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  • No matter what happened Monday night between Kevin Durant and Draymond Green, the Warriors will be fine when, and where, it matters.
By Rohan Nadkarni
November 14, 2018

After a surprisingly drama-filled start to the week, the Warriors put to rest some level of concern with a workmanlike, 110–103 win over the Hawks on Tuesday. The win came without Stephen Curry—who’s nursing an injury—and Draymond Green, who was suspended for one game after reportedly calling Kevin Durant a “b----” in a heated argument during and after a loss to the Clippers on Monday. The victory over Atlanta wasn’t pretty, and it doesn’t signify some larger healing moment. It did, however, serve as a small reminder that the Warriors, uh, have really good players, even when two of their best are sitting out. Sure, it helps that the Hawks are tanking, but on the court, Golden State should move on from the Green-Durant feud rather quickly.

Draymond’s Monday outburst was made-for-Twitter fun. What did he say? Did he really bring up KD’s impending free agency? The subsequent conspiracy theories were juicy enough to send Kyrie Irving down another YouTube rabbit hole. Did Golden State suspend Draymond as a Durant recruiting strategy? Is Green’s future with the team clouded? Some of these questions are more important than others. I’m not sure it really matters that Green and Durant started going at it. Green helped bring KD to Oakland in the first place, and his, let’s call it intensity, is well-documented. Durant gets a rep as being sensitive, but I’m willing to bet he understands where Green was coming from as a competitor.

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The long-term considerations, however, are...interesting. It‘s not inconceivable to think the Warriors—if they feel forced to choose because of their impending tax bill—are angling to keep Durant than Green moving forward. Those big-picture questions will always be looming for Golden State, which surely wants to keep its dynasty rolling in its new arena. There are ways to read into the argument, particularly about the push and pull between the Dubs’ style of play and Durant’s, and how Durant fits into Steve Kerr’s team concept. Ultimately, I think the Warriors know what they’re getting in Draymond. His attitude and his internal clashes are part of the package. It would be shocking to me if the argument with Durant was some kind of tipping point on Green specifically. Part of me feels like maybe even Green (allegedly) said what was on the mind of many within the organization. The Green-Durant feud escalated because of what was probably some long-gestating tension between a few entities in the organization. Everyone’s short quotes after the game were mildly concerning, but doesn’t one long winning streak fix put this all to bed?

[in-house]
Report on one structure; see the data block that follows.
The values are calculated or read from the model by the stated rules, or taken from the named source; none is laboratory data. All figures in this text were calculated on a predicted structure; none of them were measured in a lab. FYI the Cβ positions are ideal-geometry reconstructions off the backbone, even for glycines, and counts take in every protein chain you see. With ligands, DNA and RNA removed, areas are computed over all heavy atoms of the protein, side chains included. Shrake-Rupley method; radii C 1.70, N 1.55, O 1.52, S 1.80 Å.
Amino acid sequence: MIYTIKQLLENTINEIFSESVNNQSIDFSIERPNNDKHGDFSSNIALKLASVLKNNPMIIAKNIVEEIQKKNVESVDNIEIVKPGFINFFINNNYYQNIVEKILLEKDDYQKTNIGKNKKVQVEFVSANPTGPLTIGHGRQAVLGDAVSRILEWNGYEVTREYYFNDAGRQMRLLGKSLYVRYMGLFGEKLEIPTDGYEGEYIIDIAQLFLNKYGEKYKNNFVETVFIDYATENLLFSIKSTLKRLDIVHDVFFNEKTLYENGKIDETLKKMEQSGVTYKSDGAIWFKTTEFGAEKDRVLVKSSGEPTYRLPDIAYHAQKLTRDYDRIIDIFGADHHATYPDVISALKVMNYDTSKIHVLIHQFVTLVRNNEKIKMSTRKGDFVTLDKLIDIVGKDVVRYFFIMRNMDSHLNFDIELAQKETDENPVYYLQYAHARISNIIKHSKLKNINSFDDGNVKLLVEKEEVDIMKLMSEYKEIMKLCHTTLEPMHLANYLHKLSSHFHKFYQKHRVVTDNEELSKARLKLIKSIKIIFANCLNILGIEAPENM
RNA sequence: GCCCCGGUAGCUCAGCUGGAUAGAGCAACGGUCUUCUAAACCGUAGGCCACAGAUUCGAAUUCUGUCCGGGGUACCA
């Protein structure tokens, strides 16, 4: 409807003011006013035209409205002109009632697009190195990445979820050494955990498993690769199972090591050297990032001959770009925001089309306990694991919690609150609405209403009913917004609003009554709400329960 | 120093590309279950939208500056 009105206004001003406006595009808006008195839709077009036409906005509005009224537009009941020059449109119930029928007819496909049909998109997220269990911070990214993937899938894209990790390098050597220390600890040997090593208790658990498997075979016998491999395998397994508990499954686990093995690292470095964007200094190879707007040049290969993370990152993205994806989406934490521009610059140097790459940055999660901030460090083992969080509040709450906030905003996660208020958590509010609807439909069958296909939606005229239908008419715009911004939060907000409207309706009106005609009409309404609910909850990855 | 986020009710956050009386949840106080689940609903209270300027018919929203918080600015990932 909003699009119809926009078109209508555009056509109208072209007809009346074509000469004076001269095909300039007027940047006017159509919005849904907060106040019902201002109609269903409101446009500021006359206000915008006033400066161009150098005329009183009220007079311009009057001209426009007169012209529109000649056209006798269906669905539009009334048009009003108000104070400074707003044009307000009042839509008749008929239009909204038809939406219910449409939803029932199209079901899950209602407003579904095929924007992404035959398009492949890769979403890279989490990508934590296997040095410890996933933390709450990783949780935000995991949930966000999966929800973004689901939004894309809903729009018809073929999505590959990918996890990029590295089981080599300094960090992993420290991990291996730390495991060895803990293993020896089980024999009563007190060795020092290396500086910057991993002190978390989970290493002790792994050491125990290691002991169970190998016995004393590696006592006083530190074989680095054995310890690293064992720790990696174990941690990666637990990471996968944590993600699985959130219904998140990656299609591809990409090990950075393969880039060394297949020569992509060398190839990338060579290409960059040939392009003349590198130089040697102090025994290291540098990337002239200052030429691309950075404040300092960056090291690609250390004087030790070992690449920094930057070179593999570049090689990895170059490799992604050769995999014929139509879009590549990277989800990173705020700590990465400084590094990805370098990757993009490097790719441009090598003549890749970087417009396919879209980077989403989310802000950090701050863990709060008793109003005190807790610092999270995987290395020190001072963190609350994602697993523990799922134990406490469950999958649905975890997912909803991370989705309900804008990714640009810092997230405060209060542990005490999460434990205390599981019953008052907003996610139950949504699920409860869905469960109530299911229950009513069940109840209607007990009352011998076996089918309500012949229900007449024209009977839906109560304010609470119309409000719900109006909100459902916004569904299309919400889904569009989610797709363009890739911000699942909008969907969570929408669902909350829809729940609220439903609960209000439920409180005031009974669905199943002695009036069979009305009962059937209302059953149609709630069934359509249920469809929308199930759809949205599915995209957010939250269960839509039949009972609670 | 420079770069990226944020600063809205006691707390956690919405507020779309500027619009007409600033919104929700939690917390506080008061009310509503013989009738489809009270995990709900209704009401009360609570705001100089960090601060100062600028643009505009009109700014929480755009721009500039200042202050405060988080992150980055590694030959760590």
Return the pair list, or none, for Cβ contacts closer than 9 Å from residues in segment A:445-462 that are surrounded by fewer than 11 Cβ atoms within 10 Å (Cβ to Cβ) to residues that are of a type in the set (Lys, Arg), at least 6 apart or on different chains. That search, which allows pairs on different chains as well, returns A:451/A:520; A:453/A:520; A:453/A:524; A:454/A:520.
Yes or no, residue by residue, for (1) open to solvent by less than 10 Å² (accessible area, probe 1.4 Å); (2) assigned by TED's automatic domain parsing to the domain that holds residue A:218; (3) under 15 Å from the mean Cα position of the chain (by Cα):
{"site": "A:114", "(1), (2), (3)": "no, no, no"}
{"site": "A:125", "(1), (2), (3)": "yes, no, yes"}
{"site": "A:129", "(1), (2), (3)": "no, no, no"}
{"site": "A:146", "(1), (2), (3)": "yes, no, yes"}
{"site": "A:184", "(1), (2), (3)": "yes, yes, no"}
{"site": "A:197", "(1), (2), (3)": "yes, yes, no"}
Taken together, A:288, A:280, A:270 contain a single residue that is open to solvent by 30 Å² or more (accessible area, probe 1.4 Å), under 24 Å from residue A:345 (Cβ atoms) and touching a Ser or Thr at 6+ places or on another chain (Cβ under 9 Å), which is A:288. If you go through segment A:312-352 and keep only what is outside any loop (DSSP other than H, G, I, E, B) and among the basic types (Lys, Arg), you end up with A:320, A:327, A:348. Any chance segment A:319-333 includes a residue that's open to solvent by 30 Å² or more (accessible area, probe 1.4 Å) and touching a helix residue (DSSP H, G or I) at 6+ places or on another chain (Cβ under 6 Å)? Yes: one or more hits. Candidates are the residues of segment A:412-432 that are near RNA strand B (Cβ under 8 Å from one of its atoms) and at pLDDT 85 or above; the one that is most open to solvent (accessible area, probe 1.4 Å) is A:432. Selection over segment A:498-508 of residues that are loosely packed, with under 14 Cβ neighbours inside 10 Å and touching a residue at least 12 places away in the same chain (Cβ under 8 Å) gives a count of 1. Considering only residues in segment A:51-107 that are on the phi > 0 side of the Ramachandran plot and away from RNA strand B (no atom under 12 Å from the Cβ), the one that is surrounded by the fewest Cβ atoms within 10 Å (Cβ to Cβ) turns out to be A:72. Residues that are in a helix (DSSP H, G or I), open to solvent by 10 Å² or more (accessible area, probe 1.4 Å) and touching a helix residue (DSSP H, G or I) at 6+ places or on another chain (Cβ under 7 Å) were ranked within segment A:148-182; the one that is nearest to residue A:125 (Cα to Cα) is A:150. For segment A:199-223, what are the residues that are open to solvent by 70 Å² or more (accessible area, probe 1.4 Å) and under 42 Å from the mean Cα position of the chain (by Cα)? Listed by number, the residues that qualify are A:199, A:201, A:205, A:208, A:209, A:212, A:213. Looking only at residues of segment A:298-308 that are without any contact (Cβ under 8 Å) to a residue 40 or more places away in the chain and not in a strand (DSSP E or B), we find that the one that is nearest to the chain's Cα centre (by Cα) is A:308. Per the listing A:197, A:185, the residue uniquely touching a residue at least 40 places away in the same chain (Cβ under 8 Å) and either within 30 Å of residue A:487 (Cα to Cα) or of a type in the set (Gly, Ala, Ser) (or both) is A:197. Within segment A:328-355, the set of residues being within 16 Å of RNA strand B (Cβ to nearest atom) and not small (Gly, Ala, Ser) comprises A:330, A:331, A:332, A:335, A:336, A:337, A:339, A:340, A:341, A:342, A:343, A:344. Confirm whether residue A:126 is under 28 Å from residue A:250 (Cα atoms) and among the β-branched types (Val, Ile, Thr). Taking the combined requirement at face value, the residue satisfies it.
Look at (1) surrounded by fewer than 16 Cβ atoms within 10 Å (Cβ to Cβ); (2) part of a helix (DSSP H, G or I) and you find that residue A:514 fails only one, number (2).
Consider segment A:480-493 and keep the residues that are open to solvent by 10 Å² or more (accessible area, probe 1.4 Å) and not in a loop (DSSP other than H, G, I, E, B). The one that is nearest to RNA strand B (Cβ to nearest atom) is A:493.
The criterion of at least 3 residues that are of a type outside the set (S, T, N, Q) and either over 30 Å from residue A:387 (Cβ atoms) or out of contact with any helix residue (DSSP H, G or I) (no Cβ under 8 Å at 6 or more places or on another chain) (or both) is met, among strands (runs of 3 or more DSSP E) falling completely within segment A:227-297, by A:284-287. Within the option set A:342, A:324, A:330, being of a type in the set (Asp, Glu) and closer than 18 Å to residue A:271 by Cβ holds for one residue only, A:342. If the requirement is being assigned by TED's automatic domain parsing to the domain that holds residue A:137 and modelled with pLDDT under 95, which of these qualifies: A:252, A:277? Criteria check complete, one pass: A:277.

This is all conjecture, of course. What matters is this: Golden State is in a class of its own in the NBA, and that’s before playing Boogie Cousins a single minute. The Warriors are going to be great on the court practically no matter what. If Dray and KD are binge-watching their favorite shows together on the team plane or not uttering a word to each other off the court, the Dubs are still going to be juggernauts. So why worry about an incident that most of us will probably forget by the time the Finals come around?

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Sure, Green calling out Durant isn’t ideal. But after the Warriors loafed and moaned through their last regular season, it’s actually refreshing to see them care. The (perhaps a bit charitable) silver lining behind all of this is that Green and Durant were invested enough about in a Monday night game in November to go at each other in the first place. That’s a far departure from the team one year ago that often looked like it only tried hard for one quarter a night.

This too, shall pass. It was only a little over two weeks ago when Klay Thompson was setting three-point records and people were wondering if Golden State would make another run at 70 wins. The Warriors, as long as they start four Hall of Famers, will always be closer to that version of themselves than a dysfunctional group. Whatever decisions have to be made in the upcoming summers almost assuredly won’t be based on a single moment, at least for the parties most interested in winning.

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